Alaska hospital execs issue stark warning as COVID-19 surge continues

Katie Church, an RN at Bartlett Regional Hospital, demonstrates putting on personal protective equipment to handle a patient infected with COVID-19 on Monday, April 7, 2020 in Juneau, Alaska. (Photo by Rashah McChesney/KTOO)

Leaders of Alaska’s largest hospitals say a steep rise in COVID-19 hospitalizations is straining a health care system that’s already struggling with staffing shortages and a burned-out workforce.

In an unusual news conference Tuesday, executives said that the spike in hospitalizations is forcing them to reinstate some of the emergency measures taken earlier in the pandemic, before the rollout of the vaccines.

One Anchorage hospital is now limiting its non-emergency surgeries again and reopening its COVID wing. Another has had to postpone elective surgeries. And a Southeast hospital is putting visitor restrictions back in place. Alaska ranked on Tuesday as the state with the third-highest increase in hospitalizations over the past two weeks, behind Louisiana and Alabama.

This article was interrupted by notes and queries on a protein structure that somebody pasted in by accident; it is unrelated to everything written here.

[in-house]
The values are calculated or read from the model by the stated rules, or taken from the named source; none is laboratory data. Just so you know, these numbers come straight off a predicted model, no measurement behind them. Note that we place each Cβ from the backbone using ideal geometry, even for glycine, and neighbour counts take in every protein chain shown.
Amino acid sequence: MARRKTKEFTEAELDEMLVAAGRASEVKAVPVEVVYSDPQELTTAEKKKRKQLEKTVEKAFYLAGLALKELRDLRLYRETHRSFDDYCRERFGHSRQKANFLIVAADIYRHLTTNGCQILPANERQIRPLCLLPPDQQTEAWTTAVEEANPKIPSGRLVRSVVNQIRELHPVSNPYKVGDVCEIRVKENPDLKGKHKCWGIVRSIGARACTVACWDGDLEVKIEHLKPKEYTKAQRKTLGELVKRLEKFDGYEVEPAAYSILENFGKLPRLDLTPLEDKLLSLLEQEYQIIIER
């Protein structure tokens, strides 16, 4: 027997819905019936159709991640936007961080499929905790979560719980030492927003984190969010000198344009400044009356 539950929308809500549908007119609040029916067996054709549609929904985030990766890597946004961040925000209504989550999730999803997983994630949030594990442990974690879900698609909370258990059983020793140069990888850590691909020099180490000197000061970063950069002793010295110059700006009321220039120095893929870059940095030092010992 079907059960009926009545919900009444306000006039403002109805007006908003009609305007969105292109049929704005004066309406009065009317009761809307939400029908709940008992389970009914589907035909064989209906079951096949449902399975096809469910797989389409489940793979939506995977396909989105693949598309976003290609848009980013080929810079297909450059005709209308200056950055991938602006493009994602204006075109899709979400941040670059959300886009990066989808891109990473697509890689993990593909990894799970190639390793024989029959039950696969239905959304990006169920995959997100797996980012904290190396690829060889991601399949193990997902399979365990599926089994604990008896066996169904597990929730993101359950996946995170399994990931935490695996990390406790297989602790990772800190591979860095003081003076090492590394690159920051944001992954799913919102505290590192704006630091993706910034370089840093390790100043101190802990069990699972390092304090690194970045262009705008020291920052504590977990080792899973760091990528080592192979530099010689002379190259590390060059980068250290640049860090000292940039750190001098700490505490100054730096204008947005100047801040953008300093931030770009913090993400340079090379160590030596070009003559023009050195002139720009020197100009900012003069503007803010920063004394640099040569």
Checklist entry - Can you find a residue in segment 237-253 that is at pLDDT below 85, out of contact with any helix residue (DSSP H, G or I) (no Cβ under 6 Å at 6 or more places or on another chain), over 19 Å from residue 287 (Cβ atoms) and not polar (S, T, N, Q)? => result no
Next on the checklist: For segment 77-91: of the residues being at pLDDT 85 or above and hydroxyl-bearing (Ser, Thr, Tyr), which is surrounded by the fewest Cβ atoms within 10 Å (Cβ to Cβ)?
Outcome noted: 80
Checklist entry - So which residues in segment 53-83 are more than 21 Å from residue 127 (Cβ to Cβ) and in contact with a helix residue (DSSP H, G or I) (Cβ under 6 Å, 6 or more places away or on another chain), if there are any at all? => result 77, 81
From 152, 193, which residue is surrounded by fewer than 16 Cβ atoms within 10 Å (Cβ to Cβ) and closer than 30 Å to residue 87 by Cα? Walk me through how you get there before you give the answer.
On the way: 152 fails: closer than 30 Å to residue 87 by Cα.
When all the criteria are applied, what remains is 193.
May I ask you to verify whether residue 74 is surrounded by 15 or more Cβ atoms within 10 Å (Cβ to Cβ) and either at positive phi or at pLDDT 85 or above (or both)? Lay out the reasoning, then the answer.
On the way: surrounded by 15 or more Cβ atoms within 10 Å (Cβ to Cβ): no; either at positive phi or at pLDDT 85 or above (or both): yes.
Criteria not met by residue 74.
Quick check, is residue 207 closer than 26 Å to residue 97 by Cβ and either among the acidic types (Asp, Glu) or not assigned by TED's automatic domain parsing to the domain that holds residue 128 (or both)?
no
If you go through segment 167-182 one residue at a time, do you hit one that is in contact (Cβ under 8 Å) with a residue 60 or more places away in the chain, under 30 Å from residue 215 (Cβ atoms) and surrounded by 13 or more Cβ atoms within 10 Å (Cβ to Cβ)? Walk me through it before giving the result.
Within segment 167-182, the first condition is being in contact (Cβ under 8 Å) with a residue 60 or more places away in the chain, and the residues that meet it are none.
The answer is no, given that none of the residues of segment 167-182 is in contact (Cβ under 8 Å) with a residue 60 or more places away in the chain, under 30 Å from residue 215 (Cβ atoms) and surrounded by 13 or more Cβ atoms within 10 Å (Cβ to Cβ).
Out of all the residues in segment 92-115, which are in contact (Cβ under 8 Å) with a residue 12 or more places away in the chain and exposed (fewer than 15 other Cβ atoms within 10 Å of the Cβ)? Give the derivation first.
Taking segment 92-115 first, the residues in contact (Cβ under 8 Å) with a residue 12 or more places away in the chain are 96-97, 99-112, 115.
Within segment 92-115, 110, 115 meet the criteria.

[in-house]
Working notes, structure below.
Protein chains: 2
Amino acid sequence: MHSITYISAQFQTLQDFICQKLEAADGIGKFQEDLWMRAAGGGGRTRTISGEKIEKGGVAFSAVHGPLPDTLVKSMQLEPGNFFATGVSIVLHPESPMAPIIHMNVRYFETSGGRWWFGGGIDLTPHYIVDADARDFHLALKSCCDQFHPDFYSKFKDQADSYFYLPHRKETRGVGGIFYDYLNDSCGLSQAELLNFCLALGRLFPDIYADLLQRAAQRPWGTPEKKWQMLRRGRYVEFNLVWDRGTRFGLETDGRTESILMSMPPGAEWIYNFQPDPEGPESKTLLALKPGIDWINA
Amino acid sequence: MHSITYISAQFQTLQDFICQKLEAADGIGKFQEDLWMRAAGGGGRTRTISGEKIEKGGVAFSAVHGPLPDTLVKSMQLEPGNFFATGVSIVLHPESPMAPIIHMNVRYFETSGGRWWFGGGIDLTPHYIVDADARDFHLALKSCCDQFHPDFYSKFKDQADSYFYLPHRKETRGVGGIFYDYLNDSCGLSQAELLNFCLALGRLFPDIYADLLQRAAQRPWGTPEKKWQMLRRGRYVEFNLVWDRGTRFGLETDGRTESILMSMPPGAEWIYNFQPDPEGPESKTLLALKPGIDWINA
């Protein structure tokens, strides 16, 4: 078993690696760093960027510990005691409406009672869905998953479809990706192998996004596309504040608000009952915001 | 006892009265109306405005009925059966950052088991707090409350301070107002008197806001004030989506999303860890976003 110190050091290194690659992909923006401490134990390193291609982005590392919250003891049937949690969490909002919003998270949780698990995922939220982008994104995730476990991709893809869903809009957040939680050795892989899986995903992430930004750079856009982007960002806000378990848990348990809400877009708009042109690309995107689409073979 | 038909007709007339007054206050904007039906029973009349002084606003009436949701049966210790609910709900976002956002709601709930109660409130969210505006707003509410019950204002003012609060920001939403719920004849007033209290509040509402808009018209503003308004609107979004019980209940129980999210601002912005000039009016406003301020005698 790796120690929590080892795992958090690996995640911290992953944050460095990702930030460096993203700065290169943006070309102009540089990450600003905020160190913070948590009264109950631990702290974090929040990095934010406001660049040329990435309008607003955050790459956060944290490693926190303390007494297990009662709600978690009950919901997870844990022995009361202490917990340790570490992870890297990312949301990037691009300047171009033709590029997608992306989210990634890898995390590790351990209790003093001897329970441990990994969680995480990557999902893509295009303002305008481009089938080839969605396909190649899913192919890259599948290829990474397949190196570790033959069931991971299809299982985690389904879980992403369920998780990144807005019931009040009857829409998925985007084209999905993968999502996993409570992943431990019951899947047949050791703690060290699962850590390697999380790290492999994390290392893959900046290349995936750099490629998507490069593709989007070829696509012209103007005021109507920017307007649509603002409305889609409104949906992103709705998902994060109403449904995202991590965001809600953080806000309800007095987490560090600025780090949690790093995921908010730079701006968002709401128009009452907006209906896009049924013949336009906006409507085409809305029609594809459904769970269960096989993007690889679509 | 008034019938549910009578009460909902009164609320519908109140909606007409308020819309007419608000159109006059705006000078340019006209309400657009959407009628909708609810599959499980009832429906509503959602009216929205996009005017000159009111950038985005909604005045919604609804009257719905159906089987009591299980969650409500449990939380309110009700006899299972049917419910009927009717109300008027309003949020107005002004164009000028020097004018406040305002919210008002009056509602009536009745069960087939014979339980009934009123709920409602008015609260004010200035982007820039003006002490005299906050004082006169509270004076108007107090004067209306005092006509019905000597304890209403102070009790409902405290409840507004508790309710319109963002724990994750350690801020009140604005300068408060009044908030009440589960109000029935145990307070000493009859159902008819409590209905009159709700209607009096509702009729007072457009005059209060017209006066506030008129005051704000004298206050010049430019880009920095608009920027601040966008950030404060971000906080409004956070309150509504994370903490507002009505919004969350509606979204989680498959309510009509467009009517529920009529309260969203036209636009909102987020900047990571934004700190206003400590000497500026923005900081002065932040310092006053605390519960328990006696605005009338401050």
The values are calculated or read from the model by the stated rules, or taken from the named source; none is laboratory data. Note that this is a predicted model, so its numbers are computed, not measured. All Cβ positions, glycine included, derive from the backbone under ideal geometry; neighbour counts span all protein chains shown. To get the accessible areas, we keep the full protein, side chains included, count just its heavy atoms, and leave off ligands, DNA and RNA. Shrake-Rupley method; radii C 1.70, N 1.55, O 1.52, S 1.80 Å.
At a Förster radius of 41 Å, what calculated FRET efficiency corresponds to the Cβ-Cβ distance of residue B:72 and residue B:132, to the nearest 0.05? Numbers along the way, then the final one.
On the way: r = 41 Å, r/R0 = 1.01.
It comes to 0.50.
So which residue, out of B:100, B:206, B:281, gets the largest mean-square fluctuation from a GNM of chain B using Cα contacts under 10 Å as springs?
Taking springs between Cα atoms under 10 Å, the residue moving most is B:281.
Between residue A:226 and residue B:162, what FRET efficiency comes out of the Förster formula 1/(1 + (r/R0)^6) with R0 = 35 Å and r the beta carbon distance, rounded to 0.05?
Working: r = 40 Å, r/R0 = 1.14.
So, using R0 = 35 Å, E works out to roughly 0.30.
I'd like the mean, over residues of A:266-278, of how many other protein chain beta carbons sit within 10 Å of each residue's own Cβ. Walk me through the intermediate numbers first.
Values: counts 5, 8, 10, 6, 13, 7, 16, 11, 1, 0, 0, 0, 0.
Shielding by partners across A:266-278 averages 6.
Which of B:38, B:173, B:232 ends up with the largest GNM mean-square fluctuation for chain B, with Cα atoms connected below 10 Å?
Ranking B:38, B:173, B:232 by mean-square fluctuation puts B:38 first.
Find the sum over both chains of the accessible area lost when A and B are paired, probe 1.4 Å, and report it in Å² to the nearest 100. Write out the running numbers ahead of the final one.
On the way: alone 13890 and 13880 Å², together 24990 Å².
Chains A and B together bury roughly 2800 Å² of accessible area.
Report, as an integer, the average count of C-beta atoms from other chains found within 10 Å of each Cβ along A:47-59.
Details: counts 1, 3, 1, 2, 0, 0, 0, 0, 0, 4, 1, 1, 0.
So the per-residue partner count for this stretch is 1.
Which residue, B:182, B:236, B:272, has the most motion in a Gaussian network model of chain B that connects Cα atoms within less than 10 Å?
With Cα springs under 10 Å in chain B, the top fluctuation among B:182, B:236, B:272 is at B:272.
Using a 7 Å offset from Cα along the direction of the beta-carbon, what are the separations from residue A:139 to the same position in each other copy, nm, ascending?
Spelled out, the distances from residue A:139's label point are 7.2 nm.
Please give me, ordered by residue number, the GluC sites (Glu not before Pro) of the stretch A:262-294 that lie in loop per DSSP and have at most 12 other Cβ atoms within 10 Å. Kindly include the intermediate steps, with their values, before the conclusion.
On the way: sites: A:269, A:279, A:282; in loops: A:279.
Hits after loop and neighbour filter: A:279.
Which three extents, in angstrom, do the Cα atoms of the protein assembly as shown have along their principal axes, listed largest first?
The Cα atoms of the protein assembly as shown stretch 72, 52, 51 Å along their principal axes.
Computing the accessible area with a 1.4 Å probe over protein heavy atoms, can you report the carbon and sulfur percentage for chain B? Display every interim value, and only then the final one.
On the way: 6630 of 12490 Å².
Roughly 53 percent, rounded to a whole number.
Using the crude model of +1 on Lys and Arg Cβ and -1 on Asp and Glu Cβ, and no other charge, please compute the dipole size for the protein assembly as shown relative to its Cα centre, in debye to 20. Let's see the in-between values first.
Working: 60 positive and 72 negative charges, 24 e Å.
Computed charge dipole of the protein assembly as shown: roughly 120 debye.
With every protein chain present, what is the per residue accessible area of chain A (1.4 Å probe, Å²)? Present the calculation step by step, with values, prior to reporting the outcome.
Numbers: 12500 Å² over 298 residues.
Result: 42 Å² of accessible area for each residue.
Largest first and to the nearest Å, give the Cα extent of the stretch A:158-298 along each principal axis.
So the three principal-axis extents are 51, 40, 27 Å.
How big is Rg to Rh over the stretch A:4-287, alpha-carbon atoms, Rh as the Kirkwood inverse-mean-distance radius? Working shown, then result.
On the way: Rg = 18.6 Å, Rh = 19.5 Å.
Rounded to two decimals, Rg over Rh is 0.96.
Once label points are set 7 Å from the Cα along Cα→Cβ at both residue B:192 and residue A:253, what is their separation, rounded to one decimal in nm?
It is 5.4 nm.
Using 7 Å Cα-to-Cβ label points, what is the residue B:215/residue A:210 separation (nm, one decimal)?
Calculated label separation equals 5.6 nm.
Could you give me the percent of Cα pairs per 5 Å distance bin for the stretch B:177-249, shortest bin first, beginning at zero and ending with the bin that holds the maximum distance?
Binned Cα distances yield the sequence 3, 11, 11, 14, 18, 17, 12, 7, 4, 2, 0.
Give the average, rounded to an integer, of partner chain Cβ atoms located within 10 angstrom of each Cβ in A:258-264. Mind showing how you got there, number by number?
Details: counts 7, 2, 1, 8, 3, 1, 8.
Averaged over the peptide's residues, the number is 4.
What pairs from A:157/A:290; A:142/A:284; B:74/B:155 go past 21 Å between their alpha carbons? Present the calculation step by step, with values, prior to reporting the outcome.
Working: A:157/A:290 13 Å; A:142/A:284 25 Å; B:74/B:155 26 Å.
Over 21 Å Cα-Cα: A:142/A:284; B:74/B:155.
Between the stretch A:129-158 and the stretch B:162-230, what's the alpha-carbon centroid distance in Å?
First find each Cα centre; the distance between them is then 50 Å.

Dr. Ellen Hodges tests a Bethel resident at a COVID-19 testing event hosted by the Yukon-Kuskokwim Health Corporation in Bethel, Alaska on Nov. 7, 2020.
(Katie Basile/KYUK)

“It’s déjà vu all over again,” said Dan Winkelman, head of the Bethel-based Yukon-Kuskokwim Health Corp. “Unfortunately, we’re kind of starting off like it was last fall, at least out here in the Y-K Delta, and that’s very concerning.”

Winkelman joined a half-dozen other hospital officials at the news conference to warn Alaskans about the recent surge in coronavirus patients and to plead with them to get vaccinated — now.

“This is extremely serious,” said Jared Kosin, head of the Alaska State Hospital and Nursing Home Association, which called the news conference. “We’re not interested in the political side of this. We are trying to get the message out of what’s going on.”

Kosin said it’s only the second time in at least a decade that his association has scheduled a news conference.

“We do not do this lightly,” he said. “Why we’re here right now is many of Alaska’s hospitals — especially our highest care settings in Anchorage — are at or near capacity,”

Some 95 Alaskans are currently hospitalized with COVID-19.